Tuesday, August 21, 2007

Feet Aching for a Foot Massage

One of my colleagues was leaving China for good and wanted to have a foot massage before she left.

There was supposed to be one in my building, but the security guard told us it closed shop six weeks ago. I found this strange since I could have sworn I saw a sign advertising its prices everyday when I came into work.

But my friend knew of another place -- her Chinese teacher told her about -- so we went in search of it near our office.

At first she thought it was near Wu-Mart, the Chinese version of Wal-Mart, but there was no sign of a "big foot" billboard anywhere. Then we thought it was near KFC, but it wasn't there either.

She remembered her teacher describing the place as having a sign with a giant foot and it said "foot massage" on it.

We walked for almost an hour in the humid heat, wandering back and forth, looking for this giant sign, but it was nowhere to be found.

I finally spotted a small awning with a white cloud and against a gray background in black letters it said "foot massage".

We walked down the stairs of this posh-looking place with shimmery gold fabric undulating from the ceiling into a clean plain establishment filled with rooms.

We were shown into one of them that had two giant reclining chairs. Two young men placed basins of "medicinal tea" by our feet and we soaked them in the hot concoction. It was a soaking our sore feet truly deserved.

After several minutes the men reappeared again, washing our feet with their hands and then wiped them dry. We reclined back but not without a heated pad filled with beans that was placed around our necks.

The masseurs brought out their tool boxes complete with lamps and started cleaning our feet before doing the actual massage. And we laid back, watching a show on CCTV on musicians performing Chinese folk music. It was visually interesting and matched the atmosphere of where we were.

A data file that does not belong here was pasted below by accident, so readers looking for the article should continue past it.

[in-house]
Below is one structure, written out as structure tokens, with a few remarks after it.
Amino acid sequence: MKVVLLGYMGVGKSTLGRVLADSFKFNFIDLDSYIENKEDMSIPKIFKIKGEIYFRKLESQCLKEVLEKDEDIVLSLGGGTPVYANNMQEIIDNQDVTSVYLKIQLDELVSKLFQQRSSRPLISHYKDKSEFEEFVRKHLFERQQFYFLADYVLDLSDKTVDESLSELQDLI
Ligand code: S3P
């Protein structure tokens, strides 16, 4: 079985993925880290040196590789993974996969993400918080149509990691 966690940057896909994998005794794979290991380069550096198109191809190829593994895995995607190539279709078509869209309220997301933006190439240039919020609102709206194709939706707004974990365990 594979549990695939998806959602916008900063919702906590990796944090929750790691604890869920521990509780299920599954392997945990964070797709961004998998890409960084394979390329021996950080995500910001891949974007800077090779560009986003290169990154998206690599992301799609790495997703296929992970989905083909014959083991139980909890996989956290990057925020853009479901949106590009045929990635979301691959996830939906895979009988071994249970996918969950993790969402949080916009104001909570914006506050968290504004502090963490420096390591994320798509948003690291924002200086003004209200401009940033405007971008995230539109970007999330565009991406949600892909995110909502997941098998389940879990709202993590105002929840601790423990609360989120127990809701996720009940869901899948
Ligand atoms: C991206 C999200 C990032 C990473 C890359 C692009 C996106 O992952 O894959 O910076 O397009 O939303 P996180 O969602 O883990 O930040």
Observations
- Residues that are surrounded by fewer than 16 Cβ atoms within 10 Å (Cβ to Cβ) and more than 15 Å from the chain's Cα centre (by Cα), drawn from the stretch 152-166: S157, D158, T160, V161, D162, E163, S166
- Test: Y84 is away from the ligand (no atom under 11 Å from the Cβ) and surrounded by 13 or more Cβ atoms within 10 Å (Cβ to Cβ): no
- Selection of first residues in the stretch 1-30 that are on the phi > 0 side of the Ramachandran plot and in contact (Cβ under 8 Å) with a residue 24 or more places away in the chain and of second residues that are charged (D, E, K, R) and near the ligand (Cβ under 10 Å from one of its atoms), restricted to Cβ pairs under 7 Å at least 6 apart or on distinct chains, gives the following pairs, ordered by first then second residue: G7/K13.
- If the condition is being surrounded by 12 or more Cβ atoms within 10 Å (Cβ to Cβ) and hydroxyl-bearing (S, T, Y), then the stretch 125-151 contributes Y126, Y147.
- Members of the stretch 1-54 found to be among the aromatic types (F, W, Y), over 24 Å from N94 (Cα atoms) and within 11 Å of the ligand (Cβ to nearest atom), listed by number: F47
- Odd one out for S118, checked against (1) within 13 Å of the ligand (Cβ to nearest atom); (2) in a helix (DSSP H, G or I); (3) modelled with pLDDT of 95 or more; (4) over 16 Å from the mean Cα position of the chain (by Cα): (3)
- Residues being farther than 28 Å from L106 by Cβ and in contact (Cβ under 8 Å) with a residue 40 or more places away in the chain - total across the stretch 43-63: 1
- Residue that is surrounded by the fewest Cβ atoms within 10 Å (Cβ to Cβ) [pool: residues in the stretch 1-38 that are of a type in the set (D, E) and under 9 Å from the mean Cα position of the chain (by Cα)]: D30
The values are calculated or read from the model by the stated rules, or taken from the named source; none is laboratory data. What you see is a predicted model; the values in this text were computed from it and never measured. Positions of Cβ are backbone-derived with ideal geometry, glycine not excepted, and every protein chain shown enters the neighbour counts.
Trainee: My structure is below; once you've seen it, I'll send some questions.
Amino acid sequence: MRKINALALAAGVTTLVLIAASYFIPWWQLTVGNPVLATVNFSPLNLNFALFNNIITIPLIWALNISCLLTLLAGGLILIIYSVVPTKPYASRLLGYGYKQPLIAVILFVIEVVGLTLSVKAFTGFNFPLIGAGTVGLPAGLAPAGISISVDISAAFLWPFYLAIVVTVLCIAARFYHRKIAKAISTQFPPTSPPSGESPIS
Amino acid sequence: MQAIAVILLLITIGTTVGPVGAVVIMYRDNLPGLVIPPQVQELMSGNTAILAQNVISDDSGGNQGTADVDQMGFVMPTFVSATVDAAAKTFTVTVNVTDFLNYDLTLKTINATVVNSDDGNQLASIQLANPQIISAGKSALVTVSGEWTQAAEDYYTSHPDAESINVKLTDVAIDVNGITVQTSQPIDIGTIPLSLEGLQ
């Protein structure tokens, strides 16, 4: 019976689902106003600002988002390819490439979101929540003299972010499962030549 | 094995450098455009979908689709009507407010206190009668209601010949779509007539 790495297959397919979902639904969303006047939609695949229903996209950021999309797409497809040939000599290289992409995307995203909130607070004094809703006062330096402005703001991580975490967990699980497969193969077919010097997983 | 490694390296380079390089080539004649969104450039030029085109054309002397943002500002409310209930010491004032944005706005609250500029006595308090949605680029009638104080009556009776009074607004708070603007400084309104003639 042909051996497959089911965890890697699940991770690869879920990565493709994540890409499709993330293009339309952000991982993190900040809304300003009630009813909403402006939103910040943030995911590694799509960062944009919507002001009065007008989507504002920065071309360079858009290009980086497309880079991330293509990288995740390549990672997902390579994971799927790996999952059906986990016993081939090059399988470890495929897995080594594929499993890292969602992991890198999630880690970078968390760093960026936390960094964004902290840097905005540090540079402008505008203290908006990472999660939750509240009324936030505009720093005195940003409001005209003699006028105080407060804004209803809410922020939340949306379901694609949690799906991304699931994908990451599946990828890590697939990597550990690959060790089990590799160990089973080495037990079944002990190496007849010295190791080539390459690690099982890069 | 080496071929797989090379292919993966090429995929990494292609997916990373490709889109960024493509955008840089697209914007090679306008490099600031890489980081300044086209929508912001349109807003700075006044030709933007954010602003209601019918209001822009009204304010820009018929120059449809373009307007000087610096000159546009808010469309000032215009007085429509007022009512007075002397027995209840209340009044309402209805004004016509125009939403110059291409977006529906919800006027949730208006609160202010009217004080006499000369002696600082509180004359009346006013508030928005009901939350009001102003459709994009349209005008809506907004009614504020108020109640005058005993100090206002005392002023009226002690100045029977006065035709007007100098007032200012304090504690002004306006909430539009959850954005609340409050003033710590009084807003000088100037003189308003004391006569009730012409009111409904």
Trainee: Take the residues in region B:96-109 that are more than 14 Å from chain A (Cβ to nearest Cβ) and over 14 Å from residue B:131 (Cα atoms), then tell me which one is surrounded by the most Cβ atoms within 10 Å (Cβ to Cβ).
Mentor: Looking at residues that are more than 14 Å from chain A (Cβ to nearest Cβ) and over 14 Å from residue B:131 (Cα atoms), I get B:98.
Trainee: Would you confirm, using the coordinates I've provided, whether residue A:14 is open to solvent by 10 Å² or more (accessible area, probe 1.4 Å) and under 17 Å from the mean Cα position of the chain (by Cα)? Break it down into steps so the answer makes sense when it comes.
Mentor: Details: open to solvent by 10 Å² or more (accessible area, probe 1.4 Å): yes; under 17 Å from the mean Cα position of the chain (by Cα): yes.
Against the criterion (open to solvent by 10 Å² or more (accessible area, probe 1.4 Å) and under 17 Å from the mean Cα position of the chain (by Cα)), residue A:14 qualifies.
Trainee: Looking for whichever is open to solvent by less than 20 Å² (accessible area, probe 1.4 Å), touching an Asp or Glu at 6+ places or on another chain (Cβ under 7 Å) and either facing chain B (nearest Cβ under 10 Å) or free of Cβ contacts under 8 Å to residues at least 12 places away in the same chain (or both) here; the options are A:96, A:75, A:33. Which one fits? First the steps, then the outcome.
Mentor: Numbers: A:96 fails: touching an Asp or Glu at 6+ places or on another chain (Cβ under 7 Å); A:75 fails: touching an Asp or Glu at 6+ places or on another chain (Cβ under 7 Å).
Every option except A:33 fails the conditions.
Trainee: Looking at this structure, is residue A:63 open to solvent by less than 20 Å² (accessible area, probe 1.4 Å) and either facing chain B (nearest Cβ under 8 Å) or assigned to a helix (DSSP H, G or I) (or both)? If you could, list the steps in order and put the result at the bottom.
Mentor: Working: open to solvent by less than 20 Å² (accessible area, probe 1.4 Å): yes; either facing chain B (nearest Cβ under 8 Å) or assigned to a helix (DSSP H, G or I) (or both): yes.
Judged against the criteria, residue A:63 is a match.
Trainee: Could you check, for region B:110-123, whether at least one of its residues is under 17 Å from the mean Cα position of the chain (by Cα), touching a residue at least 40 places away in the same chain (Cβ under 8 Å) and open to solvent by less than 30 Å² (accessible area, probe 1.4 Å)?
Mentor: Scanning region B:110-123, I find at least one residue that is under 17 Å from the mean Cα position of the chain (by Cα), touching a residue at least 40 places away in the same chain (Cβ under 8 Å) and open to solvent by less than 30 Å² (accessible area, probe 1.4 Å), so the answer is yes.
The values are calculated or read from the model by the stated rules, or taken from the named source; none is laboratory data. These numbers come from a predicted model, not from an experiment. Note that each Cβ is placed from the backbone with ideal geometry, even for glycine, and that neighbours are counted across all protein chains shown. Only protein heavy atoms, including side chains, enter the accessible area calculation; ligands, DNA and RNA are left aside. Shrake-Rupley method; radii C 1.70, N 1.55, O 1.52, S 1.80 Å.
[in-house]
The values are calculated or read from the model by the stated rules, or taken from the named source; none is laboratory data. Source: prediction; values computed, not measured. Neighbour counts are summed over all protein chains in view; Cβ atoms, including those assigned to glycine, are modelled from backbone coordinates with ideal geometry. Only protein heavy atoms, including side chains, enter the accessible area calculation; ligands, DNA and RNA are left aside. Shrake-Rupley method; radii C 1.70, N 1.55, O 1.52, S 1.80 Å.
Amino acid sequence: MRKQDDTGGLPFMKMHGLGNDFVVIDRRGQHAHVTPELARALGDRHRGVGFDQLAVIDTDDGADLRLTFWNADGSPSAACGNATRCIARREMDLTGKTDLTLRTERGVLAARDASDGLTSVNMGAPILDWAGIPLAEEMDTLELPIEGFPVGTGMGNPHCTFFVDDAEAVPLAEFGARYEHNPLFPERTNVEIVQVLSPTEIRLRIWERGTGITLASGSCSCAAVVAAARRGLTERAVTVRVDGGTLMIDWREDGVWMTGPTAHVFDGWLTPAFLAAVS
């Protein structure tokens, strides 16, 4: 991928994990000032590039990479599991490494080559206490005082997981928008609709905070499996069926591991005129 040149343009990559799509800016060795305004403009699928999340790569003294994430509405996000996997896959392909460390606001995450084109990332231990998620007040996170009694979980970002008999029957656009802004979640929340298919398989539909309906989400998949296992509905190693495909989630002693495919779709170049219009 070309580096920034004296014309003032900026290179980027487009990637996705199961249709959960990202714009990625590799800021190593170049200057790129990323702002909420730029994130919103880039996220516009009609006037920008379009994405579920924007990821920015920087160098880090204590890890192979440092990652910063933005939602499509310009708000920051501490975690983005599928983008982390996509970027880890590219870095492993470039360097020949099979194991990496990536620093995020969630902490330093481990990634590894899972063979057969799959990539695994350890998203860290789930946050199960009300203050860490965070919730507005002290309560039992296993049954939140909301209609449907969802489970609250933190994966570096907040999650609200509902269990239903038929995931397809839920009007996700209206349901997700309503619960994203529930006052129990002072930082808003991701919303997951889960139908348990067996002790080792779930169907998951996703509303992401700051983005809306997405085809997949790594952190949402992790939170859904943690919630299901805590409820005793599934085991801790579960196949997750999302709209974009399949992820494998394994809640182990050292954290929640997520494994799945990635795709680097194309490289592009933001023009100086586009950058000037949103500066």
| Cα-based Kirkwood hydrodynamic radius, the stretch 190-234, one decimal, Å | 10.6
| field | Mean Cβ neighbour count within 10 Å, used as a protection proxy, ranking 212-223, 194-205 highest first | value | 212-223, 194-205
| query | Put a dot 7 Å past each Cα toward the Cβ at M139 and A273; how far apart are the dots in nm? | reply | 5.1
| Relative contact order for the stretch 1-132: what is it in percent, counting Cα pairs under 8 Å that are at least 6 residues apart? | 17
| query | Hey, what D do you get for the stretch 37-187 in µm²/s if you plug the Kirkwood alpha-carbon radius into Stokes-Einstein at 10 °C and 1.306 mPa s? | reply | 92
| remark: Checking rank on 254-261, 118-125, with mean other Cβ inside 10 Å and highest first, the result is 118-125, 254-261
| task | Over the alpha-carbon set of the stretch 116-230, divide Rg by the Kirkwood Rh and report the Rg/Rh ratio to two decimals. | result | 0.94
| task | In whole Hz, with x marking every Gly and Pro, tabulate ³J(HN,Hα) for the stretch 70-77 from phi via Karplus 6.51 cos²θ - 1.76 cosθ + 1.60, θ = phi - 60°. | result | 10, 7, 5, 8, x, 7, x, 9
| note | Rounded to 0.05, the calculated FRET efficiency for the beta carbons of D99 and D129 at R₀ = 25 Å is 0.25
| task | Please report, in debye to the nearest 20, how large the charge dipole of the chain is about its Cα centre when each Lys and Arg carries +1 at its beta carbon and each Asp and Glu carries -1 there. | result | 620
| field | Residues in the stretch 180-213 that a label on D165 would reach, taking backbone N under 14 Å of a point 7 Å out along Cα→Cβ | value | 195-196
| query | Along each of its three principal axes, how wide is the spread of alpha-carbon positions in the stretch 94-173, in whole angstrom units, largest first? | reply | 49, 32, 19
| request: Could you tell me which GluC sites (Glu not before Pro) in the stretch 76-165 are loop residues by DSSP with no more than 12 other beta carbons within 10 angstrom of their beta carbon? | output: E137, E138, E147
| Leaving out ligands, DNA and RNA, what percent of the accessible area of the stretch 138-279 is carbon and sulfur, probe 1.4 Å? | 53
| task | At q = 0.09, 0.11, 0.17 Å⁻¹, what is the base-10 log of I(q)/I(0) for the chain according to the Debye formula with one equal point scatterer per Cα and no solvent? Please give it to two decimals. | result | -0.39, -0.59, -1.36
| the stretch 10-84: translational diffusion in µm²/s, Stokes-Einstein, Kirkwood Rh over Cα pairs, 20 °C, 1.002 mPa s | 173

But then the show was over. And of all things "The Sound Of Music" followed afterwards. It didn't start from the beginning, but from the part where Maria starts teaching the children how to sing. It was so bizarre, but also so enchanting to watch the young Julie Andrews and Christopher Plummer, that my friend didn't want to leave!

We told the masseurs that we had a lot of trouble finding the place. And they explained that they had changed the sign a few weeks ago because of the Olympics. Authorities are cracking down on places that may offer services other than massage. That explained why the sign was less obvious. And perhaps why the place in my building was no more.

When we emerged into the evening air refreshed, it turns out the massage place is only a 10-minute walk from our office. And only 156RMB (US$20.55). Next time we know.

1 comment:

ks said...

a scene from zhang yi-mou's ' raise the red lanterns' there is a foot masseur pounding the feet of one of the concubines with little hammers. it is supposed to have a relaxation effect thus more fertile for conception. this form of folk practice is quite common in old china. i guess this type of decadent habit has survived even after the cultural revolution. also in vancouver newspapers we come across advertisements for foot herbal soaking and foot massage. to me it is kind of expensive to wash and massage your feet for $20 while i can get the same enjoyment at the arbutus club soaking in the hot tub while the hot jet of water hitting the soles. it does not cost anything.